Counterfeiting has probably been around since the cowrie was used as currency, though the technology has improved. Israel has not been spared the plague of money fakers and the reason this might be of interest to you, dear tourist, is that vendors won't take fake money when they spot it. But rather too many will be perfectly happy to pawn off any fake coins they received on you as change.
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The upshot is you get stuck with money you can't use, and no, the bank won't take it off you.
Just last week I was peacefully shopping at the open-air vegetable market, when the mushroom guy a) raised prices from NIS 10 to NIS 12 for two packages of fungi and b) rejected my 10-shekel coin, which I had just been given by another stand in the market. Why did he turn down my coin? It was counterfeit, he explained, and showed me why he thought so.
Truth be told, once he'd pointed it out, the coin did look a little off. It looked very much like a regular, official 10-shekel coin, but its margins weren't perfectly even.
Now, losing 10 shekels to a con is one thing. Losing 200 is another entirely. What can you do about it? Nothing, except spot them when they're being given to you. Be the one to reject the coin or bill.
How can you spot fake coins and bills without a degree in numismatics? The most fundamental test is looking at the thing. Something seems off, even if you can't name it? Ask for a different one.
Regarding 10-shekel coins, the word "Israel" (in very small Hebrew letters) should appear below the symbol of the state. In fake coins, there is a smudge there, not a word. For this you need to be rather sharp of eye, or carry around a magnifying glass.
Also, counterfeit coins tend to be a hair thicker than regular ones (put two together and check their profiles).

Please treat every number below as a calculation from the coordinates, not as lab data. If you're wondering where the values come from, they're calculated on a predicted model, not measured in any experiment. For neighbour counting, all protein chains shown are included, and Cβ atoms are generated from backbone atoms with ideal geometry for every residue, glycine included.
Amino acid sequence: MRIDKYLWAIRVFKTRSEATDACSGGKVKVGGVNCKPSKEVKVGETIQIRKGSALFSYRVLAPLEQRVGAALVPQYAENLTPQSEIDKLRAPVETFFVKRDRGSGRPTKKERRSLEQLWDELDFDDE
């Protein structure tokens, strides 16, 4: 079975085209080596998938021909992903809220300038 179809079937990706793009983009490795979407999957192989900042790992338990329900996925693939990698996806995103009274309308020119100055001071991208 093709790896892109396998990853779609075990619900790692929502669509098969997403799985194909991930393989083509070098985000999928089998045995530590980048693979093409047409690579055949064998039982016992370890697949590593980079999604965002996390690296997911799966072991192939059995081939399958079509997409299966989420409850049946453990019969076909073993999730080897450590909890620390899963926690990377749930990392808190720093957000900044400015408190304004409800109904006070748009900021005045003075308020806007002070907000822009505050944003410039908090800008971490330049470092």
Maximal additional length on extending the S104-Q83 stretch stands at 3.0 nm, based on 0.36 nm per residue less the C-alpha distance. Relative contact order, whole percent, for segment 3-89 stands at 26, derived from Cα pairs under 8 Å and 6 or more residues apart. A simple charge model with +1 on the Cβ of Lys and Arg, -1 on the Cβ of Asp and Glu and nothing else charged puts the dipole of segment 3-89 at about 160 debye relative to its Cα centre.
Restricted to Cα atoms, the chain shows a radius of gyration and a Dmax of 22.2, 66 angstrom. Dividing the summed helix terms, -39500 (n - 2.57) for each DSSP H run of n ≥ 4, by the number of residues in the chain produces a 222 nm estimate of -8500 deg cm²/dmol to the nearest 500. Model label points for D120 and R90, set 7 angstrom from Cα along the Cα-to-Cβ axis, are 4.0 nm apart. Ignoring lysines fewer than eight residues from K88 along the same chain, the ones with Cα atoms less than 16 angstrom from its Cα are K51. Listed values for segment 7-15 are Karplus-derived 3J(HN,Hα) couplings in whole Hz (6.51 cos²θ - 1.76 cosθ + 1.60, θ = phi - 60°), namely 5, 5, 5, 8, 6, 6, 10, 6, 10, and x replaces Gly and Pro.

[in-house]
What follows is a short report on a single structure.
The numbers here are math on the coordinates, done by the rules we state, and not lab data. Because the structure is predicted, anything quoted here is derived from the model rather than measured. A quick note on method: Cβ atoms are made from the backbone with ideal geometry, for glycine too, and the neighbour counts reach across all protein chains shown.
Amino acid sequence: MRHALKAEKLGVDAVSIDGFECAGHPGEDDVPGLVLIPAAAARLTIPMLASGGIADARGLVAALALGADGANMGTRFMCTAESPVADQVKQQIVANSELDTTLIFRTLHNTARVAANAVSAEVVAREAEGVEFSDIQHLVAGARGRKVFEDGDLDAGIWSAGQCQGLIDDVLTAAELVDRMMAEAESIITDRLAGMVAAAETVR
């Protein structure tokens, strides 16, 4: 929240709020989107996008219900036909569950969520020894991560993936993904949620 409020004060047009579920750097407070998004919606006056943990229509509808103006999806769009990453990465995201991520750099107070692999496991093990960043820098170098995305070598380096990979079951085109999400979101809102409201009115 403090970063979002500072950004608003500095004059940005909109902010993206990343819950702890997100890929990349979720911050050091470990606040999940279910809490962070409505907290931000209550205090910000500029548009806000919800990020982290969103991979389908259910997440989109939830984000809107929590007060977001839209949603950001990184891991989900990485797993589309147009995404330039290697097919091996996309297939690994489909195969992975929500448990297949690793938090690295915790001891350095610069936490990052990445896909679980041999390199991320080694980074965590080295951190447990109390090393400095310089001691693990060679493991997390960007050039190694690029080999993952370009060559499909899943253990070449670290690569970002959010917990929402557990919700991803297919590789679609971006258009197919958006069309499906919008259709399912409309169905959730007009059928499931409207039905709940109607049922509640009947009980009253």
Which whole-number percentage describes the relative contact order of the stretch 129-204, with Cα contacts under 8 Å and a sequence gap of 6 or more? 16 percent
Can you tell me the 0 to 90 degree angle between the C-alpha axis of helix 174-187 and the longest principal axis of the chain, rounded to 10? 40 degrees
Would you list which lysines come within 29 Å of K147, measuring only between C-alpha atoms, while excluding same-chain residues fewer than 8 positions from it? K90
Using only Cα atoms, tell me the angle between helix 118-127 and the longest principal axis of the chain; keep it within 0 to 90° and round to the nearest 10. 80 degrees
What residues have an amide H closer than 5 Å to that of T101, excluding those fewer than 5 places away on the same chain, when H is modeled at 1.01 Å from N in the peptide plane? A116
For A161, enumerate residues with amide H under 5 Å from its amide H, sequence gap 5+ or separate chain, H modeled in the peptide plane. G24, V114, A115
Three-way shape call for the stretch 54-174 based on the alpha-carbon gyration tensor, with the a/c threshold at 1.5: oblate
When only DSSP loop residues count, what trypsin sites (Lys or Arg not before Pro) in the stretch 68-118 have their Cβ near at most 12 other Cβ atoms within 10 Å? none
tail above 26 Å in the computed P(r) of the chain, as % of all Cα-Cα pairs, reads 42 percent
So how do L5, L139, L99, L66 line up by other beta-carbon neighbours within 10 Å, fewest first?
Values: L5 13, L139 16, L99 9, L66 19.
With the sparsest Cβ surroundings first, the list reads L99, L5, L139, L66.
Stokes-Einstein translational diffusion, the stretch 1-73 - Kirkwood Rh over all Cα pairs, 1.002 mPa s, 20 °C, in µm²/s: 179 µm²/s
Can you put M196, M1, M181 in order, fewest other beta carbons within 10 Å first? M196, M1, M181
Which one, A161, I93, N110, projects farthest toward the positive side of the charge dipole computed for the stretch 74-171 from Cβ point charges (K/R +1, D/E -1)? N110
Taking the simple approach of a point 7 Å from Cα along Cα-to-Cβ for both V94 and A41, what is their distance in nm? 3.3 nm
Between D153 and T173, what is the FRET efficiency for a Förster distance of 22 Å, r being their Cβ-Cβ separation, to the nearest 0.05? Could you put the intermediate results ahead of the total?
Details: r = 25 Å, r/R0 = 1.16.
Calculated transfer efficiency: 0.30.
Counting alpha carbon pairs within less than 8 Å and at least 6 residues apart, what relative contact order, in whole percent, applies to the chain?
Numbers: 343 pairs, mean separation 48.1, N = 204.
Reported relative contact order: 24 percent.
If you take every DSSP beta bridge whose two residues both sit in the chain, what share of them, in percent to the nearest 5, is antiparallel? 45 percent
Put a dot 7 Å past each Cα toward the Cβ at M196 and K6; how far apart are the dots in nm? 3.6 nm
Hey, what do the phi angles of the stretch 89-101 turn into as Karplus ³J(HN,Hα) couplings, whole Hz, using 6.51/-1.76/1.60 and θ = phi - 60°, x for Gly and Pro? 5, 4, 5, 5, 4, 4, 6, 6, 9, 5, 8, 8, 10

This is a rather subtle point, but if the coin bears a stamp that it was minted say in the year 5762 (tashsab) for instance, which was three years ago, and looks brand new, chances are it's dodgy. And last but not least, the ersatz coin's colors may look, well, wrong – too shiny, too golden.
There are also fake bills in circulation, most commonly 50-and-100 shekel notes but also 20s and 200s. One quick test is to hold the bill up to the light. In proper notes, you should see two triangles superimposing on one another, creating a perfectly symmetrical Star of David. In fake notes, the star looks awry.
Next to that star is a watermark showing the same image as the person depicted on the note. Not there, or looks wonky – for instance the duplicate image isn't a watermark, it's, well, an image? The bill is bad.
Kosher banknotes have an embedded metal wire about a third of the way up the bill when you hold it vertically. It can easily be seen when you hold the bill up to the light. In a fake bill, that isn't there.
And if you get stuck with one after all, you can always give it to the neighbor's kid who collects coins. So it won't be a total loss.